Grapevine: Stop the presses for 'Encyclopaedia Britannica'

Well-known reference books to be available solely online


And now some fresh pickings from the Political Grapevine...

Survey Says...

40 percent of California jurists had the same answer to a new anonymous questionnaire asking about their gender identity and sexual orientation - none of your business.

A state-sanctioned voluntary survey added that question to others about ethnicity race and gender.

Of the 1,006 magistrates who did respond 969 said they are heterosexuals, 19 said they're lesbians, 17 said they're gay, and one was listed as transgender.

Supporters say it will make the bench more LGBT-friendly and diverse because California is itself a diverse state.

Critics call it intrusive saying -- quote -- "Do we really want sitting judges and justices, and prospective appointees to be asked to reveal to a government bureaucrat what their preferences in the bedroom are? Is it anyone's business? Is it relevant?"

On Second Thought

Senior Obama campaign adviser David Axelrod will not be appearing on HBO's "Real Time with Bill Maher" despite reports last week he was scheduled to do the show in the near future.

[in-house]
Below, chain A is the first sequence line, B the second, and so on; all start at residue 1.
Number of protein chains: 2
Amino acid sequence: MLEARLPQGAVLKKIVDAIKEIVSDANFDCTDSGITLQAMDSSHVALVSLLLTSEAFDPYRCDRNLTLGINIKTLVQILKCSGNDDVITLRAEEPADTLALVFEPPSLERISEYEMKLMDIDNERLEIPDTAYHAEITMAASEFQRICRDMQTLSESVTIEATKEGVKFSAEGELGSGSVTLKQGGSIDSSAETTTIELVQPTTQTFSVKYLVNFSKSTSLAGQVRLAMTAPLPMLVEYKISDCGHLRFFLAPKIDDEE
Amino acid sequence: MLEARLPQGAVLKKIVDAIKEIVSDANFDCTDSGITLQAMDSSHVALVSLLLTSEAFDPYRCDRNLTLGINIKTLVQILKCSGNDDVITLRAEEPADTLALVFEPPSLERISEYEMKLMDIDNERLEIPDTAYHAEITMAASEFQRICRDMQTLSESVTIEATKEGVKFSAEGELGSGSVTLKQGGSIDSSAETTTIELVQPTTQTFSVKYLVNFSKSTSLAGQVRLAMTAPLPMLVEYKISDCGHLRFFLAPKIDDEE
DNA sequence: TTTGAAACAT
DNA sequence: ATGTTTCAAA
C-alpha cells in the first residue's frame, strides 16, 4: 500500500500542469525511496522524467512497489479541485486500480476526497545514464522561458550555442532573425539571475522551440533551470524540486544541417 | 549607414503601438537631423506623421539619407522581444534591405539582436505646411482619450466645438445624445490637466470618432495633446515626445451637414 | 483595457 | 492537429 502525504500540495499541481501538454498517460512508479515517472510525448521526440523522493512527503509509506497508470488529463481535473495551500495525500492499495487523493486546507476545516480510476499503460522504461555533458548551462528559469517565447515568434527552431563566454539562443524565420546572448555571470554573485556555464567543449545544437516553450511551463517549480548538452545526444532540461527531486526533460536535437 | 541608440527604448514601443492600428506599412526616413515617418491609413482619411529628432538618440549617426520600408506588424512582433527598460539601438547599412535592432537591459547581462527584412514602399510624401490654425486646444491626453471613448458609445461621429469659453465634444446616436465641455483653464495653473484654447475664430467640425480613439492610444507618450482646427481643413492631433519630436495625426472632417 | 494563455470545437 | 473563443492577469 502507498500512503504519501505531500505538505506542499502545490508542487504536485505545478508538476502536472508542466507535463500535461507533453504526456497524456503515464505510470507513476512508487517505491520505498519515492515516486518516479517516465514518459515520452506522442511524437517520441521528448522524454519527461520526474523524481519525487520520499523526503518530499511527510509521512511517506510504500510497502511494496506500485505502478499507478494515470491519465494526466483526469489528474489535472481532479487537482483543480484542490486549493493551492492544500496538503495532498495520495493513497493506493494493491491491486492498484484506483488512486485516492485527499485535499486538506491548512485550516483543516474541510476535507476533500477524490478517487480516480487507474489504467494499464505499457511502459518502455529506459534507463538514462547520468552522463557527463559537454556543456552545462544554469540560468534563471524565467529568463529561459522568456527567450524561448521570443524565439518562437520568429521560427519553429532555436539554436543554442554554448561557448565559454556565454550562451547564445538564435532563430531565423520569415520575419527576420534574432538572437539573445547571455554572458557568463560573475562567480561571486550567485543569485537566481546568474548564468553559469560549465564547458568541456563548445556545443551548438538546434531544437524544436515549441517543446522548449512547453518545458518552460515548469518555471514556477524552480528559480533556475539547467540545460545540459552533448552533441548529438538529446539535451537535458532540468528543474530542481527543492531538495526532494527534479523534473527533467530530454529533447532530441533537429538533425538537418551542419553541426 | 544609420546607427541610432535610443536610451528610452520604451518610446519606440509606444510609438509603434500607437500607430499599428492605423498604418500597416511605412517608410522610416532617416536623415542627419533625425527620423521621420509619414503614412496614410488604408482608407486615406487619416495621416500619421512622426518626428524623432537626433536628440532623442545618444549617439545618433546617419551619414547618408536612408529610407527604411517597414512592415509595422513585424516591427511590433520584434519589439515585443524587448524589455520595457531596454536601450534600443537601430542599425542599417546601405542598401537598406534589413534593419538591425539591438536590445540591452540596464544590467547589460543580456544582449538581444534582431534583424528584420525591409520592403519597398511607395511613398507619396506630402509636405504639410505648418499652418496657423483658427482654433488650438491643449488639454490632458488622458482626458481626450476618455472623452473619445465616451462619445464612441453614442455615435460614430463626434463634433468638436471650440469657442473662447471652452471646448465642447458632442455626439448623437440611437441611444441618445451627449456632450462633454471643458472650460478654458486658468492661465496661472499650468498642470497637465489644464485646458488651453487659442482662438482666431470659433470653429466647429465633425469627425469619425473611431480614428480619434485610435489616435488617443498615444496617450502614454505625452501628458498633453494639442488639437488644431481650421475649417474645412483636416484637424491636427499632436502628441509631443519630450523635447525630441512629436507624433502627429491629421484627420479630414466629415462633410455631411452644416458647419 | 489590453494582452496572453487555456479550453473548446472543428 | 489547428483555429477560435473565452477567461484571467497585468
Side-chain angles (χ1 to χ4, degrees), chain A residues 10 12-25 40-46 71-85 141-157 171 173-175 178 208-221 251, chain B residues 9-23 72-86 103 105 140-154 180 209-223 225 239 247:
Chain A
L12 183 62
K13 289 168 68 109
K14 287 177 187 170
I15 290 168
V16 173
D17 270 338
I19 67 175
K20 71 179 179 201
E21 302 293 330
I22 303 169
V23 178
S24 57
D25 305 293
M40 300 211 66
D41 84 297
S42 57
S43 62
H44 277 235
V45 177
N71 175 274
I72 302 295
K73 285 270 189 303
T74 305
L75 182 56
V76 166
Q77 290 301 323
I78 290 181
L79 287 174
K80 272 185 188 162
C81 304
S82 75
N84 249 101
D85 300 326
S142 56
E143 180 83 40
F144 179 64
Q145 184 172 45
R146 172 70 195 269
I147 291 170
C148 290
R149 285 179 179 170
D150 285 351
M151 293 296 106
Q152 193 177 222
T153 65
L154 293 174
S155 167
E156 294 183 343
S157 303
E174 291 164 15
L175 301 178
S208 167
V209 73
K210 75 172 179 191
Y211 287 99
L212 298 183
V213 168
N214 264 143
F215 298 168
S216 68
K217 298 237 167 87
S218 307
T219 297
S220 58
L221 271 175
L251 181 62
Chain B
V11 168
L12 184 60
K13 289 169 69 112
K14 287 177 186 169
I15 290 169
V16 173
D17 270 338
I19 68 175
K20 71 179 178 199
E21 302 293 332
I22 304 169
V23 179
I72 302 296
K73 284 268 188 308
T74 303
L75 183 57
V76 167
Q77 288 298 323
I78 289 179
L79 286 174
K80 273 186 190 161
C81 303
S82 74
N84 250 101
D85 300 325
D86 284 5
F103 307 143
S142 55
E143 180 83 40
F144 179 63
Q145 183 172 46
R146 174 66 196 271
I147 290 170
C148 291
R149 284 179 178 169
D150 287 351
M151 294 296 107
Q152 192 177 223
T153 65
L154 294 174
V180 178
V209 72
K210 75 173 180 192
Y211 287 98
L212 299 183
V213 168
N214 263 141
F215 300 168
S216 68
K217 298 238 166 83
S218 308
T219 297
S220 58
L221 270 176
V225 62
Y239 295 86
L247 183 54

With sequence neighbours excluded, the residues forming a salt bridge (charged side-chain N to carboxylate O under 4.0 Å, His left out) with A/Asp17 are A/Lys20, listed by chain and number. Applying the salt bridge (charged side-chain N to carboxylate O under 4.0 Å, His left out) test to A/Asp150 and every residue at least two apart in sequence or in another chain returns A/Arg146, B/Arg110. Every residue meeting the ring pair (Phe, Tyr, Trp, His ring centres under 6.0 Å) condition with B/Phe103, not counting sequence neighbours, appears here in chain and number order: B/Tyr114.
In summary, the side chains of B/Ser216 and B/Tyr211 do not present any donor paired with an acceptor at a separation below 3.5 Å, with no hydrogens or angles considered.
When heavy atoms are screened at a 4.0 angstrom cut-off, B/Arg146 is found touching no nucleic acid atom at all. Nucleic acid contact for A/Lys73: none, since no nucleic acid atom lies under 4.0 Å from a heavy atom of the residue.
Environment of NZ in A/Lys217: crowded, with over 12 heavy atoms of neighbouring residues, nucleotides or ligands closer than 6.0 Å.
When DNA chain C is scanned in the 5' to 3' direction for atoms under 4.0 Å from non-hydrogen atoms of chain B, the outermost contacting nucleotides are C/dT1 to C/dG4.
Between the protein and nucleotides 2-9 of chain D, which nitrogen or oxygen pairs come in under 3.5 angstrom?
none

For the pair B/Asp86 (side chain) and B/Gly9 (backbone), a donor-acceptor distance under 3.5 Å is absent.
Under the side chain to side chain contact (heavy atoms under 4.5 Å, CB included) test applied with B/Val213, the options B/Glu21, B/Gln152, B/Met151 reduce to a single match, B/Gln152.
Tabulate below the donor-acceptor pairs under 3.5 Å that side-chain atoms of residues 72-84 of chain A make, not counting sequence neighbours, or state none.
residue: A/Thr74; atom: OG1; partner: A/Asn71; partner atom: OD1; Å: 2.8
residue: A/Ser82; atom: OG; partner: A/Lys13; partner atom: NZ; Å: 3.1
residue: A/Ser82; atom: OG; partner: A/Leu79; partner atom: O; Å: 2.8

In the fallout from Rush Limbaugh's Sandra Fluke comments, conservatives argue President Obama's Super PAC should return a $1 million donation from Maher based on his past offensive comments that were derogatory to women.

Stop the Presses

Finally, it's a sad day for bookworms.

After 244 years, Encyclopaedia Britannica is ending the sale of its print edition and moving exclusively online.

When asked about the competition from community-driven Wikipedia, Britannica's president seemed confident -- quote -- "There's a place for well-written documents, where facts really matter, where we strive for balance. And the alternative is just...different."